Notice the knobby, bumpy nodules.  This is not normal for a sweet potato root. The abnormal growth is caused by a nearly microscopic worm-like creature called a nematode.

Nematodes are the bane  of sweet potato farmers in the southern states where sweet potatoes or other vegetables are grown year after year in the same spot.  In addition to gnarled roots, nematodes also cause reduced yields.  Often the damage shows up as black spots under the skin of the tuber that are not seen until the root is peeled leaving an unusable potato.

This nematode damage can occur on almost any common vegetable plant.  If you find a root that resembles the one in the photo, destroy it and don’t attempt to compost it, otherwise you risk spreading the pests to other parts of your garden.

There is no method of control for nematodes in the garden except rotating your crops.  You must rotate to a grass-related crop such as sweet corn in order to break the life cycle of the nematodes. “Regular” garden crops will support nematodes in the soil.

Knobby roots on legume plants such as peas and beans are  normal and not caused by nematodes, so don’t dispose of  them.  Beans and peas have nodules on their roots that harbor beneficial bacteria. In this case the bacteria  are beneficial to the plant and actually produce fertilizer in the form of nitrogen that the beans use to grow.

Chances are you won’t see these symptoms in a new garden because the nematodes have not had enough time to multiply.

Happy Composting,

Bob

Planting Idea for Next Year

Friday, September 4th, 2009

Here’s a nice flower combination that was quite successful for us this year.

The purple flowers are  Gomphrena ‘Purple’.  The orange flowers are Zinnia ‘Profusion Orange’.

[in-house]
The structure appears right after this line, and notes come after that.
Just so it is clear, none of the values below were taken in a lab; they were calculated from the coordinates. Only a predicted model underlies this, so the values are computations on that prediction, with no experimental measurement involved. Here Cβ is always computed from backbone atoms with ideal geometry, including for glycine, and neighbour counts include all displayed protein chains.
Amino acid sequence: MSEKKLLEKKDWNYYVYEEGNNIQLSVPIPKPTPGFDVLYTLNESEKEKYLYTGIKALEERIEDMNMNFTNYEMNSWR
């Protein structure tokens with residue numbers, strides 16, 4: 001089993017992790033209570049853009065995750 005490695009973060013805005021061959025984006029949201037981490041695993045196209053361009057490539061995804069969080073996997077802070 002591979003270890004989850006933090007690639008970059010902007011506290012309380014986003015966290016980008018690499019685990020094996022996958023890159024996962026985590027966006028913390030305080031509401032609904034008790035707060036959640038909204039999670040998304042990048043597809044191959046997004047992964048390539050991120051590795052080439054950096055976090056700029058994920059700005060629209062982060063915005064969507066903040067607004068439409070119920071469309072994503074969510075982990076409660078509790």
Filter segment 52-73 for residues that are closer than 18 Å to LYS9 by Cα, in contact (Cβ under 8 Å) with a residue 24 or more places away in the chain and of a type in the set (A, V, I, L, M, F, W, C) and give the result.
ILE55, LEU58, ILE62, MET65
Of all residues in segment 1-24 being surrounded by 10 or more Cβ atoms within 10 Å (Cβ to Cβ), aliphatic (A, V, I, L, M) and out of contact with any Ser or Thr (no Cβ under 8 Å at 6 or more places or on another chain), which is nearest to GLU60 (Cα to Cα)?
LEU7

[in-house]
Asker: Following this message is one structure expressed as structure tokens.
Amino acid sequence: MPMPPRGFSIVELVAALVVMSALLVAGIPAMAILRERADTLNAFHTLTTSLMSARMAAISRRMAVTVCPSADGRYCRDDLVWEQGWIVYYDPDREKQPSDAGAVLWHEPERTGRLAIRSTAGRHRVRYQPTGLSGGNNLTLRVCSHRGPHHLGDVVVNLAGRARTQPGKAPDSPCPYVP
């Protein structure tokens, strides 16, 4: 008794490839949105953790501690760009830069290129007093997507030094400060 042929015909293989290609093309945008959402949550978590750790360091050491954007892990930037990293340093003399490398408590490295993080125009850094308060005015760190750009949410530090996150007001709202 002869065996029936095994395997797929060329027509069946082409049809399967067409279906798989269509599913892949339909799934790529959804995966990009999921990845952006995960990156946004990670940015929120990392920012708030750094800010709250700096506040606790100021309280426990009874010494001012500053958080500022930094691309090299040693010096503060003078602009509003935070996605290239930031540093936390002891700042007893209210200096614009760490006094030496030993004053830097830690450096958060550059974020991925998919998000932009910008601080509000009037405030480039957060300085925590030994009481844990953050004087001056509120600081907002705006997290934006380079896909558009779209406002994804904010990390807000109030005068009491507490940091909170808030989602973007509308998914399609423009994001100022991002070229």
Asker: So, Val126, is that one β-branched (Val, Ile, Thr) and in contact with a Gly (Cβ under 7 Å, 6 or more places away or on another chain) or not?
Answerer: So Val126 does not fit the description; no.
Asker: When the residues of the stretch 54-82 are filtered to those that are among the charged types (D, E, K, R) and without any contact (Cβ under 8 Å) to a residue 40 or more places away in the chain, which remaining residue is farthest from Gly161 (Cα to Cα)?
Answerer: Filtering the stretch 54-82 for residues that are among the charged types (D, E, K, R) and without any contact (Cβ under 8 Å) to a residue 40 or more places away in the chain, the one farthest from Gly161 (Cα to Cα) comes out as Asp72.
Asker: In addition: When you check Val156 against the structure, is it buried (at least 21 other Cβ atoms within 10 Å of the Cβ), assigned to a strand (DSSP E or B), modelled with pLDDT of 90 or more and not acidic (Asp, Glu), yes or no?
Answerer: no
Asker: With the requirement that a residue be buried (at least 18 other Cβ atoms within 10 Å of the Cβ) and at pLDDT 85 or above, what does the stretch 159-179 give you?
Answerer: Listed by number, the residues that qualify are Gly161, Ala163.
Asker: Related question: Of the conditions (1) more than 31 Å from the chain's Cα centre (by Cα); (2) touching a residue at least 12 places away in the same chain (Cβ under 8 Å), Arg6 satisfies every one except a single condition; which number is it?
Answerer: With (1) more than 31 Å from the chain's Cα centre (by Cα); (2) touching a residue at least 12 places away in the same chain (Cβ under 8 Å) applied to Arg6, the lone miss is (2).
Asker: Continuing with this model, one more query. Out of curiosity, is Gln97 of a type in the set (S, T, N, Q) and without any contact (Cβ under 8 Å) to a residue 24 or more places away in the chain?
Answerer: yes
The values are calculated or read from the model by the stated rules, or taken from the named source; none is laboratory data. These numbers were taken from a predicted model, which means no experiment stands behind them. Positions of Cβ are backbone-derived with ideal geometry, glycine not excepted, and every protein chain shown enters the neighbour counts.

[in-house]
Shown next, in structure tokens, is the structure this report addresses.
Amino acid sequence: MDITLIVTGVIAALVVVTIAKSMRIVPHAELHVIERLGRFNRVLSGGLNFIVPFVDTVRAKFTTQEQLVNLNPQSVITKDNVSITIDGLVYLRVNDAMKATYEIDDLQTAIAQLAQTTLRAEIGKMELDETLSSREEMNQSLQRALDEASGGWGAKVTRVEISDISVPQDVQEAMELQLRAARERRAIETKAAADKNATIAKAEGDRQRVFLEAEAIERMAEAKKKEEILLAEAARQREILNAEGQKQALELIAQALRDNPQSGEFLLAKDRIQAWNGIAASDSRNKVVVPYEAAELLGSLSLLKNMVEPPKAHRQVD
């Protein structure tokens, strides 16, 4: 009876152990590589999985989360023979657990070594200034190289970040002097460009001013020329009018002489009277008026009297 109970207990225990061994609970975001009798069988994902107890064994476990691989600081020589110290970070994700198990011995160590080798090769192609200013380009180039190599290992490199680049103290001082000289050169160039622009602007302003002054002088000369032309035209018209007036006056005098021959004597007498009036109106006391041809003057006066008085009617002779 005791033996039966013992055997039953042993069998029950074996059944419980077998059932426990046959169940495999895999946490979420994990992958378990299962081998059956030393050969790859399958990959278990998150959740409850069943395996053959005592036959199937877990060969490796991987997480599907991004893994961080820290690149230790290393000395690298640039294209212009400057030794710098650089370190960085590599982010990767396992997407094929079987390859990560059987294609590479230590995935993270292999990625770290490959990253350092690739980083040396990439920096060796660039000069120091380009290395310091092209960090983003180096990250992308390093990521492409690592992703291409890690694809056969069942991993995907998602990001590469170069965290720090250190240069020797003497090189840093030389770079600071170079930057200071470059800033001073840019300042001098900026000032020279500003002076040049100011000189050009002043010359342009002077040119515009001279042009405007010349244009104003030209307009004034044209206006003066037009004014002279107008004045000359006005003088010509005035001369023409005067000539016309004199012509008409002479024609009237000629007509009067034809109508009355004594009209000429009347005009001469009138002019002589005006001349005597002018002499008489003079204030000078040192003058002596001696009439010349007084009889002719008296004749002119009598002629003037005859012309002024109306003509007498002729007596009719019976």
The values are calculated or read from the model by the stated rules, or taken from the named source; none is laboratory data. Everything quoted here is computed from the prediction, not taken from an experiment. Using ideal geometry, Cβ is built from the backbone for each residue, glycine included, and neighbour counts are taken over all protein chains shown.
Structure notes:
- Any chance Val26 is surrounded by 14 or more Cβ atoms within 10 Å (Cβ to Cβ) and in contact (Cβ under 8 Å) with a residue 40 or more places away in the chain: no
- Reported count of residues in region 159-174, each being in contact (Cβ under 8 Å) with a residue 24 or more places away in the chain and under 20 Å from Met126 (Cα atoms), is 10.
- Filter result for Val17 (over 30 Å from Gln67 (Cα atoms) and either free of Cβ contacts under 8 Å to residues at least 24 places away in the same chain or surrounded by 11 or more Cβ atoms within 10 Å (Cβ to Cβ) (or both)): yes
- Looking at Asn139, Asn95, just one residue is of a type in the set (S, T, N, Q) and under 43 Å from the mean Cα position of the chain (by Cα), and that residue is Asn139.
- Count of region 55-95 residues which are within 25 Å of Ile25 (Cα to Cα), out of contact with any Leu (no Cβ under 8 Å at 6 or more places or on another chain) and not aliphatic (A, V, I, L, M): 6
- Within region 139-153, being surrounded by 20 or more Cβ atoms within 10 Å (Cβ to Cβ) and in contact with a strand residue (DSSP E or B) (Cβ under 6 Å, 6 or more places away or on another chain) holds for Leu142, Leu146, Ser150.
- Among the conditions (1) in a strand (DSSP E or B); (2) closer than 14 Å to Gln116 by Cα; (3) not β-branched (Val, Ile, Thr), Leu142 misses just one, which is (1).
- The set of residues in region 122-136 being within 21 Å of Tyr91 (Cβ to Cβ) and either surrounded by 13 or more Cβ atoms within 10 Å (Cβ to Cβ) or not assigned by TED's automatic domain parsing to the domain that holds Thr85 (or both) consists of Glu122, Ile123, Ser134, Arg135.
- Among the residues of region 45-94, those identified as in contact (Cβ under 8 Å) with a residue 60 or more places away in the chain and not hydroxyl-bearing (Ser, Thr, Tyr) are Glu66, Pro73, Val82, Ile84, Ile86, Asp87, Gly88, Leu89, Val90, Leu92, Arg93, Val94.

Both Orange Profusion and Purple Gomphrena are about 14″-16″ in height. I used them here all by themselves in a sloping bed which really showed them off.

The two colors go well together and the blossom shapes compliment one another as well.  Also, the blooms  held up nicely  all season. You can see  that they are still going strong.

Make a note of it in your garden notebook to look for these varieties next spring.

Bob

Dakota Gold!

Tuesday, July 28th, 2009

Thar’s gold in them thar hills!!

Not the precious metal type of gold, but the horticultural kind you can find in Helenium ‘Dakota Gold’.

Helenium is the genus name for a grouping of plants that includes Sneezeweed. Many of these species and varieties are tall, often growing over four feet in height and having large orangish flowers.

Dakota Gold grows only about a foot tall and about a foot and a half  in width.  It’s growth habit makes it ideal for planting in the front of a bed.

It also produces an abundance of dainty, bright golden yellow flowers.

I used it in a spot where I wanted a swath of yellow but didn’t want to use something over-powering like Marigolds. A single plant of Dakota Gold, or a planting of just a few, would not be very impressive,  but plant a good sized drift of them and they suddenly become something special.

As far as I know, last year was the first year Dakota Gold seed was widely available. We should be seeing more and more Helenium Dakota Gold being made available in garden centers in the future as more gardeners discover this wonderful little plant.

…and that’s nothing to sneeze at!

Bob

Eremurus-Foxtail Lily

Friday, July 3rd, 2009

This time of the year it is always a treat to see the Eremurus blooming. Because we have them planted in an area under the walnut trees where not much else is growing, they seem to shoot up  out of nowhere.

Foxtail Lilies in bloom

Foxtail Lilies in bloom

As you may or may not know, it is nearly impossible to grow most plants under Black Walnut trees, but the Eremurus seems to live there just fine.

These plants are native to Tibet where the summers are hot and dry but have good fall and spring rainfall. This often describes the weather in this part of the country as well.  It’s no wonder that Foxtail Lilies do well here.

Our Eremurus are the yellow variety (bungei) and range from 3 to 4 feet tall.

From a distance, the hundreds of tiny flowers on the stalk merge together to give them their unique look.

Eremurus Flowers

Eremurus Flowers

It’s when you get closer that the individual flowers become apparent.

Foxtail Lilies are grown from tuberous roots that in themselves have a unique shape, they sort of remind me of star fish.

Fall is the time when the roots are planted, so you have some time to track some down and get them ordered.  We got ours from K. van Bourgondien and Sons  (dutchbulbs.com).

There is one thing I would recommend when planting your Foxtail Lily this fall, and that is to mulch them well. They are a little weak getting started the first fall.  However, after that, they thrive here in southern Michigan.

So, put Eremurus  on your fall ” must-buy list”.

Bob